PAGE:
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Death Proof - Not quite the thrill ride promised,
This review is from: Death Proof [DVD] (DVD)Other reviewers have dealt with the fact that this film was originally released as a double feature with Robert Rodriguez's Planet Terror under the title Grindhouse, so I wont go into that again here.
This part of the feature is Quentin Tarantino's homage to the Grindhouse genre of cinema, those cheap, gory films that infested the flea pits of the seventies and eighties. In all honesty all Tarantino's films could be said to be an homage or continuation of this genre, but her it is more overt. The story is essentially that Kurt Russell's Stuntman Mike likes to kill people using his car as the weapon. It's a great story, and could lead to a thrilling action packed film (which is what you'd think you were getting from the advert!)
But Tarantino is far to interested in being clever to bother delivering what you're expecting. The film is shot largely in that old fashioned oversaturated technicolour, which gives it a seventies feel. To add to the effect, there are lots of deliberate scratches on the film, editing errors, jumps and flickers and even a short section filmed in black and white. Tarantino has made so much effort to make it feel like a cheap seventies flick that it almost feels churlish when you get annoyed by the artifice rather than charmed by it.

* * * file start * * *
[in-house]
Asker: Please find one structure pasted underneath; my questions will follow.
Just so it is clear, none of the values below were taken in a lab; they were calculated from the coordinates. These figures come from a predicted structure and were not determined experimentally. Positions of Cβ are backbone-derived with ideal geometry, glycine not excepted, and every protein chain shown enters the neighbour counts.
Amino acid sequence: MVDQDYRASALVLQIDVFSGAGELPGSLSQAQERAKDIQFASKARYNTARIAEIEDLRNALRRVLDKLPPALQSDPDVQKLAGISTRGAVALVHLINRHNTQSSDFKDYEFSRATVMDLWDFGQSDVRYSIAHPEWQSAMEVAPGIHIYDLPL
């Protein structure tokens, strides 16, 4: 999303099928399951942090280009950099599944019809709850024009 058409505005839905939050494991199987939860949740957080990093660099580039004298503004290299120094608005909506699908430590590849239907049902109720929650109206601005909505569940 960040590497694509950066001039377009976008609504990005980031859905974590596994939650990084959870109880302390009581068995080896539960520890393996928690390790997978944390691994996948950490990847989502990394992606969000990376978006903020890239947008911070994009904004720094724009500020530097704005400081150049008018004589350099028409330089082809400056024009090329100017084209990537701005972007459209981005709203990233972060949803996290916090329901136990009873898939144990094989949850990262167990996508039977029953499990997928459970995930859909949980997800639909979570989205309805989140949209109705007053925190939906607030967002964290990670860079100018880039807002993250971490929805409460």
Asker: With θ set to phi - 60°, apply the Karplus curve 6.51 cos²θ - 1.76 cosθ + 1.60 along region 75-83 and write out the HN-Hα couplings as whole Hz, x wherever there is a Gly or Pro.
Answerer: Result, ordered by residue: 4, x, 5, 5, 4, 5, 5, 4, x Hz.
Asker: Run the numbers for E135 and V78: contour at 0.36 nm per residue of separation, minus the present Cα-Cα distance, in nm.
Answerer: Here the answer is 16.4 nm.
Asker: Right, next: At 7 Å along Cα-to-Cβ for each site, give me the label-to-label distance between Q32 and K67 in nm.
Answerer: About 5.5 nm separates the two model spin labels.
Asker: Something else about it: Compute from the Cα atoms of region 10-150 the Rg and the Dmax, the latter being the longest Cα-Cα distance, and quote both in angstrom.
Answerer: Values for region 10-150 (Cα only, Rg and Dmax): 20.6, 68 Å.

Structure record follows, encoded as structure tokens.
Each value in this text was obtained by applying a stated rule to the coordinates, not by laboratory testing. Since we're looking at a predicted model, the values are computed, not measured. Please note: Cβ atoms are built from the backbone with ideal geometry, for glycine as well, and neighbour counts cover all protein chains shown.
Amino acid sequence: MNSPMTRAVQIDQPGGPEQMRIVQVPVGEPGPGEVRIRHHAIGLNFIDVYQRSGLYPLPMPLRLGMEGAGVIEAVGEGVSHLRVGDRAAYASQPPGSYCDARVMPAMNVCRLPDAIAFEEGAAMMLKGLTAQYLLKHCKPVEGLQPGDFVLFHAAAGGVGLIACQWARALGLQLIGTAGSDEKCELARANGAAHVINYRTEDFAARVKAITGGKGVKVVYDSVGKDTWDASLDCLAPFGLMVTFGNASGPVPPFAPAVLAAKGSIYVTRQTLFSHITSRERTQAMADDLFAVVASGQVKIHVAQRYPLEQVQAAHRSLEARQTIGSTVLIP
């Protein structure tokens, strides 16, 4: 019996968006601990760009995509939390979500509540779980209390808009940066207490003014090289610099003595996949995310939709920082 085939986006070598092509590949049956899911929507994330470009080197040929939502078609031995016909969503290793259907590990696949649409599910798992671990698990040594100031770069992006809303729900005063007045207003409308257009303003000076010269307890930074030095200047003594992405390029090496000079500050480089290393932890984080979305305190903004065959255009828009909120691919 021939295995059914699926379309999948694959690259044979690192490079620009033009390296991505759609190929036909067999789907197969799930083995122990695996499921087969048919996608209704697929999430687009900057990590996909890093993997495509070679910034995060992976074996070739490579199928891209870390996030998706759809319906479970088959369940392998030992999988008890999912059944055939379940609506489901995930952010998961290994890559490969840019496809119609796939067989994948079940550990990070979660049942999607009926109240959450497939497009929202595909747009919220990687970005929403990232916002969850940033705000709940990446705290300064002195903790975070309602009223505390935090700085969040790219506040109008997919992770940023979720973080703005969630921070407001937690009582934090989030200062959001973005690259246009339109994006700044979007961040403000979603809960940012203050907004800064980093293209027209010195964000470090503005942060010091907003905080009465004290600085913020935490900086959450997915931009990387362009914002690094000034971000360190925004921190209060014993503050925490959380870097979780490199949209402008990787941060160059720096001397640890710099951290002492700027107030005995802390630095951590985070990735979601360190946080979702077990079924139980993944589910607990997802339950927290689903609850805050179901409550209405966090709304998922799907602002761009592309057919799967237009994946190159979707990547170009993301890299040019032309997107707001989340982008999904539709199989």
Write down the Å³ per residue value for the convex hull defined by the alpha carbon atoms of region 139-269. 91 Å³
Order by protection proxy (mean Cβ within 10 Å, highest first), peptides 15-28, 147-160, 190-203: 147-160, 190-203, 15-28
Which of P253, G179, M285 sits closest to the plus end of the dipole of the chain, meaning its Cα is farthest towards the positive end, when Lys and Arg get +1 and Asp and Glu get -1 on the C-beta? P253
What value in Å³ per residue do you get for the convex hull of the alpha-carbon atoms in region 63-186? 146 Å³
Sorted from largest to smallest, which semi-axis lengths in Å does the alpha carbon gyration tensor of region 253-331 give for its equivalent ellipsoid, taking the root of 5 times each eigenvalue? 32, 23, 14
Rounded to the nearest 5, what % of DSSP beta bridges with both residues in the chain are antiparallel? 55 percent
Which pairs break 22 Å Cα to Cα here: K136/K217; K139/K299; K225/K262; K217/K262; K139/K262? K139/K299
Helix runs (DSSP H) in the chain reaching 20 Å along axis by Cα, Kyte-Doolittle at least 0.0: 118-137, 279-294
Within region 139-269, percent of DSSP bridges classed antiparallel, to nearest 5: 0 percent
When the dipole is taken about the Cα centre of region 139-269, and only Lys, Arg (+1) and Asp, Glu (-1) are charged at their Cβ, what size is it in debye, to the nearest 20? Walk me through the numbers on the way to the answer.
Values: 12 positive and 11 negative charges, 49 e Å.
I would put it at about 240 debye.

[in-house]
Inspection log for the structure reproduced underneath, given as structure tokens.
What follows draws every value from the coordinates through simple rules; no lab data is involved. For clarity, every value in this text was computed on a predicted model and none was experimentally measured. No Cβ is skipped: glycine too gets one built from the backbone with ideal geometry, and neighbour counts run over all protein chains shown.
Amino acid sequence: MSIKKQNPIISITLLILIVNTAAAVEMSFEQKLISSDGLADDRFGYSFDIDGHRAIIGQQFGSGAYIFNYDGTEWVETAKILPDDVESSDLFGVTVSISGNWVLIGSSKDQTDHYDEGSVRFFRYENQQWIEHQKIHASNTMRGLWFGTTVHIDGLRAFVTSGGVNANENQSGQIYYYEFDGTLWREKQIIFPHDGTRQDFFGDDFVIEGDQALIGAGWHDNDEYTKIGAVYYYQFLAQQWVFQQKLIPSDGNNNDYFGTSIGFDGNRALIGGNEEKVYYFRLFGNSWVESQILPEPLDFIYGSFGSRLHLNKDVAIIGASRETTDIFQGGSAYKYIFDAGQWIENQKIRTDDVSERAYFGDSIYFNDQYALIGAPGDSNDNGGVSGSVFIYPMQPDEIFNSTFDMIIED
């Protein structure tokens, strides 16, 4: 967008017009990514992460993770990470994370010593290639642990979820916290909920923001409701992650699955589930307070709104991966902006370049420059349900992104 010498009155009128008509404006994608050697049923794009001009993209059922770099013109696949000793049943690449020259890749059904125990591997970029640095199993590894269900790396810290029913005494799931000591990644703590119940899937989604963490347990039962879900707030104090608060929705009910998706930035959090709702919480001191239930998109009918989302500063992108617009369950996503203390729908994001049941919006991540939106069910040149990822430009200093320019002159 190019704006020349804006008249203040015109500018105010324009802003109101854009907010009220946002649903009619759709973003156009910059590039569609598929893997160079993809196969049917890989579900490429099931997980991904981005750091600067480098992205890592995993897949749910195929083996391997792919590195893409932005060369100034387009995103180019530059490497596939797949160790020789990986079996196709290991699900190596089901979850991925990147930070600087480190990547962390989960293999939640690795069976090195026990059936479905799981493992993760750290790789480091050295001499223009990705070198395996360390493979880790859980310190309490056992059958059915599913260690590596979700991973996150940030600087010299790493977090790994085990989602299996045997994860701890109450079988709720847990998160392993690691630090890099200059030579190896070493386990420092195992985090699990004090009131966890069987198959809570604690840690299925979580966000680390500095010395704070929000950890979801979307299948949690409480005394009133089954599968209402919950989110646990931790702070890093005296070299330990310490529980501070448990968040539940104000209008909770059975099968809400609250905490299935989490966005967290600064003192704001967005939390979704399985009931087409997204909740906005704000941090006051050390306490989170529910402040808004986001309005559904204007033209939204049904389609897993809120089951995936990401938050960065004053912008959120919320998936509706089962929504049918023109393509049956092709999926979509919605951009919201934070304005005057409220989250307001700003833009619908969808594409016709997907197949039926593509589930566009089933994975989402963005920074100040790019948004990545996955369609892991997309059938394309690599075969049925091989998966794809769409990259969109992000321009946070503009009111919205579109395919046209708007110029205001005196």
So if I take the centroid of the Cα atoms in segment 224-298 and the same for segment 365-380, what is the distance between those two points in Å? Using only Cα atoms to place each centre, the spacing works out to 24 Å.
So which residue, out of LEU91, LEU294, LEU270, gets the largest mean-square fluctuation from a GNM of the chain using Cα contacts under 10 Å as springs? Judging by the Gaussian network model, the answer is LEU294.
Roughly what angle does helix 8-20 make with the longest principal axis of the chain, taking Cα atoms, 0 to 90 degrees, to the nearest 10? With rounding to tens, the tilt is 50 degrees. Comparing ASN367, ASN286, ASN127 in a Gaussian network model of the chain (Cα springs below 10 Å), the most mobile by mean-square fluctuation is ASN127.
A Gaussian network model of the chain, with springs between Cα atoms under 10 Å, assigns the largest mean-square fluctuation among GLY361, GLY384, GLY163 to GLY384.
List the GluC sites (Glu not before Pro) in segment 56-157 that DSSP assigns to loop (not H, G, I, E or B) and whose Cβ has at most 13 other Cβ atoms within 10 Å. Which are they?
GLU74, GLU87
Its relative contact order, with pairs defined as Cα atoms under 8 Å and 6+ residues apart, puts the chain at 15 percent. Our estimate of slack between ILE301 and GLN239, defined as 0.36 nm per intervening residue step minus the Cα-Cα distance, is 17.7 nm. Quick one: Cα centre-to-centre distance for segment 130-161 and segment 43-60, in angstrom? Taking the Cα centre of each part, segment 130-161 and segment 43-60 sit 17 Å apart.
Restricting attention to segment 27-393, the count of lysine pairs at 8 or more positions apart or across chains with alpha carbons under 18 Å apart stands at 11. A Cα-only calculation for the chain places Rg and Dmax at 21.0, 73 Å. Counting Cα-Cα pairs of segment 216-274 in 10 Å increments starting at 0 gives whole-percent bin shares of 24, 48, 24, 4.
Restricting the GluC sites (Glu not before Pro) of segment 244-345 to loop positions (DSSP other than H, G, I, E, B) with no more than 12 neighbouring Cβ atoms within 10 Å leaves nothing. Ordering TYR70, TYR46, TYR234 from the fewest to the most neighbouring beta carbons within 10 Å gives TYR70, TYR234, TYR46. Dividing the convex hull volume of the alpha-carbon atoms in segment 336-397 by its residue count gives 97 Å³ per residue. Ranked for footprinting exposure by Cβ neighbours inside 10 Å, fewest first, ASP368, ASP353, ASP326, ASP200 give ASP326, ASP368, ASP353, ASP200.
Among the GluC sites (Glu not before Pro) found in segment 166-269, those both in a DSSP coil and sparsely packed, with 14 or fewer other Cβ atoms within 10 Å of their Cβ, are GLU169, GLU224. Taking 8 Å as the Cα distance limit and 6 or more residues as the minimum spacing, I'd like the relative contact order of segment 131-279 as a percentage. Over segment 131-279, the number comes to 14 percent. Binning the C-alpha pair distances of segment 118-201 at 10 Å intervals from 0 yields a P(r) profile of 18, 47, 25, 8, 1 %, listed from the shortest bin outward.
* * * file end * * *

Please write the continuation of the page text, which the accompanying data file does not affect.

Most of the film is girls sat round various bars and cars chattering inanely with dialogue that is supposedly cool and witty, but in reality incredibly dull. Kurt Russell is a great contrast, not saying too much but making a huge impression. He really seems to enjoy his role, and gets right into the spirit of the creepy Mike, relishing some of the best lines in the film.
When the action finally picks up it is supremely well staged. Got to give Tarantino that, no one stages action scenes quite as well as he does. And the car chases and smashes, when they arrive, are a real thrill. The final sequence is worth sitting through the rest of the film for.
The sound track, as so often the case with Tarantino, is a real strength. A well chosen set of tracks that really drive the film along and accentuate the vibe. This aspect I loved all the way through.
3 stars in total. It's a bit too knowing and clever for its own good, but when it gets going it does so with style and verve. And any director who mentions one of my favourite bands, Dave Dee Dozy Beaky Mick and Titch, so prominently gets an extra mark from me!
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Initial post: 29 Nov 2012 14:31:22 GMT
Last edited by the author on 29 Nov 2012 14:33:27 GMT
J. Masson says:
Been there, and got the Tee shirt and scars to prove it, Victor!
Spent many a Sunday evening back then in a fleapit watching low-budget B-movies which often featured Lee Van Cleef as a misunderstood scientist whose theories were generally correct.
Thank goodness they were in B&W, because Technicolor would have spoiled these films completely. :)
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